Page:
Choosing the Location
Cramped, inefficiently laid out and with old equipment, by the 1960s the Royal Mint at Tower Hill in London was no longer an ideal location. Rebuilding had been in prospect for some time but it was the announcement in 1966 that Britain would adopt a new decimal currency, with its associated need for hundreds of millions of new coins, that brought matters to a head. Expansion was not really possible at Tower Hill and it was decided to find a new location outside London. By January 1967 more than 20 sites had been considered, to be reduced to a short list of seven.
On this short list was Llantrisant in South Wales, just a few miles from Cardiff. It was close enough to London to tempt existing staff to relocate, with plenty of space and a readily available workforce. In addition, it had the support of James Callaghan, who as Chancellor of the Exchequer was Master of the Mint and also an MP for Cardiff. He freely admitted that he did not care in which valley the Mint was located so long as it was a Welsh valley.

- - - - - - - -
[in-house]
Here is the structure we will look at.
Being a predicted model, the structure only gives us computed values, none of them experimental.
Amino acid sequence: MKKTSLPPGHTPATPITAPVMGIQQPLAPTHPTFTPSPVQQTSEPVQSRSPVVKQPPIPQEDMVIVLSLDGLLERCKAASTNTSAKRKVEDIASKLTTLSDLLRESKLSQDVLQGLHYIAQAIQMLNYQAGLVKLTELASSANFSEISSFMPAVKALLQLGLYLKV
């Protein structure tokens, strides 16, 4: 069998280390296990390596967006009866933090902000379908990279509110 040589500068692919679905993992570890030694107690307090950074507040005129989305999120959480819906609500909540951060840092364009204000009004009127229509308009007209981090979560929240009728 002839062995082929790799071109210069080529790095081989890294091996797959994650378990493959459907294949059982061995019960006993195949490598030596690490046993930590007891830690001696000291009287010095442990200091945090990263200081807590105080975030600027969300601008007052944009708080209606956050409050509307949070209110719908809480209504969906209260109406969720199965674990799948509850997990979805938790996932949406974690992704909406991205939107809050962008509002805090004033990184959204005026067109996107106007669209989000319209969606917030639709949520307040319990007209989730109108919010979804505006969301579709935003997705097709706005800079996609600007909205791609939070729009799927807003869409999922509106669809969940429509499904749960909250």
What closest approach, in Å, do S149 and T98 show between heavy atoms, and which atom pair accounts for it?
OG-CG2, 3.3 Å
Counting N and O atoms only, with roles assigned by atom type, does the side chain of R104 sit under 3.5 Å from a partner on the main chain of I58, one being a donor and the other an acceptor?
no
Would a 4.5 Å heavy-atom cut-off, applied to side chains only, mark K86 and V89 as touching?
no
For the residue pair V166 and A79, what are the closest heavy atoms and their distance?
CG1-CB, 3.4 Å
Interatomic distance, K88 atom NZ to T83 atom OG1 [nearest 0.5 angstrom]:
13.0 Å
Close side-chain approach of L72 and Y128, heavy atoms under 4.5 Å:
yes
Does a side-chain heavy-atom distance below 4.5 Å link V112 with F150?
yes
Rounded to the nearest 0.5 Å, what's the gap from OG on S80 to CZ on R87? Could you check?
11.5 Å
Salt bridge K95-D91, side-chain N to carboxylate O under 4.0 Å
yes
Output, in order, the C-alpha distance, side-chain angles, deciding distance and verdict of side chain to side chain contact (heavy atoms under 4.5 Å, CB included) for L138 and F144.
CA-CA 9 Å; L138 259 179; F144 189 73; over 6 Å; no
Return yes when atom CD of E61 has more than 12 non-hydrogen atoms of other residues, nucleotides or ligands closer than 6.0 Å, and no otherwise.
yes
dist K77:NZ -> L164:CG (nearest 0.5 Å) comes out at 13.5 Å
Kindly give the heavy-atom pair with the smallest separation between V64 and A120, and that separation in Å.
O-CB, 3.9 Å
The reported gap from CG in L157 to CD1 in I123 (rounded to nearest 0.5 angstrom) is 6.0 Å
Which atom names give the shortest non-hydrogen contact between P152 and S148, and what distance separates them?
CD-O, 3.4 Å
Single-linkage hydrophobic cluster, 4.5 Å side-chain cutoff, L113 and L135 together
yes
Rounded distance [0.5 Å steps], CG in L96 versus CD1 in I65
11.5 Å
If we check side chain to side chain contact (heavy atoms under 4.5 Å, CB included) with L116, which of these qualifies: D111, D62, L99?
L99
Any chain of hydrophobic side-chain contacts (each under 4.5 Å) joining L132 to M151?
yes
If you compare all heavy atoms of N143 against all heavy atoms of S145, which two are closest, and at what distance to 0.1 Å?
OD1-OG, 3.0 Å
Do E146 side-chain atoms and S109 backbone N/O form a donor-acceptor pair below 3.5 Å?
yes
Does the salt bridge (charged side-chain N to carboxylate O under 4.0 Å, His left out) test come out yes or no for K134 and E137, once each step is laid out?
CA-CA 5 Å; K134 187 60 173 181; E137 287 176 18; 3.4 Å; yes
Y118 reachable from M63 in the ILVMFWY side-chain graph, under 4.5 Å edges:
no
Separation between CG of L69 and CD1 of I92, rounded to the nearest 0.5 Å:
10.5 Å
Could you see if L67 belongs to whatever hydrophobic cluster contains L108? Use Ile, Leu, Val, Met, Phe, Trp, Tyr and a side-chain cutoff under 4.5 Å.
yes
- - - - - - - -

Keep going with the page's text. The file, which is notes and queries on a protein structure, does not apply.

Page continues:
Llantrisant was announced as the new site for the Royal Mint in April 1967. Clearance of the site began soon after and by August construction was under way. The Deputy Master, Jack James, promised that ‘the new buildings rising from the Welsh countryside will for the first time for decades provide adequate space and permit the introduction of modern production plant and methods’.
View possible locations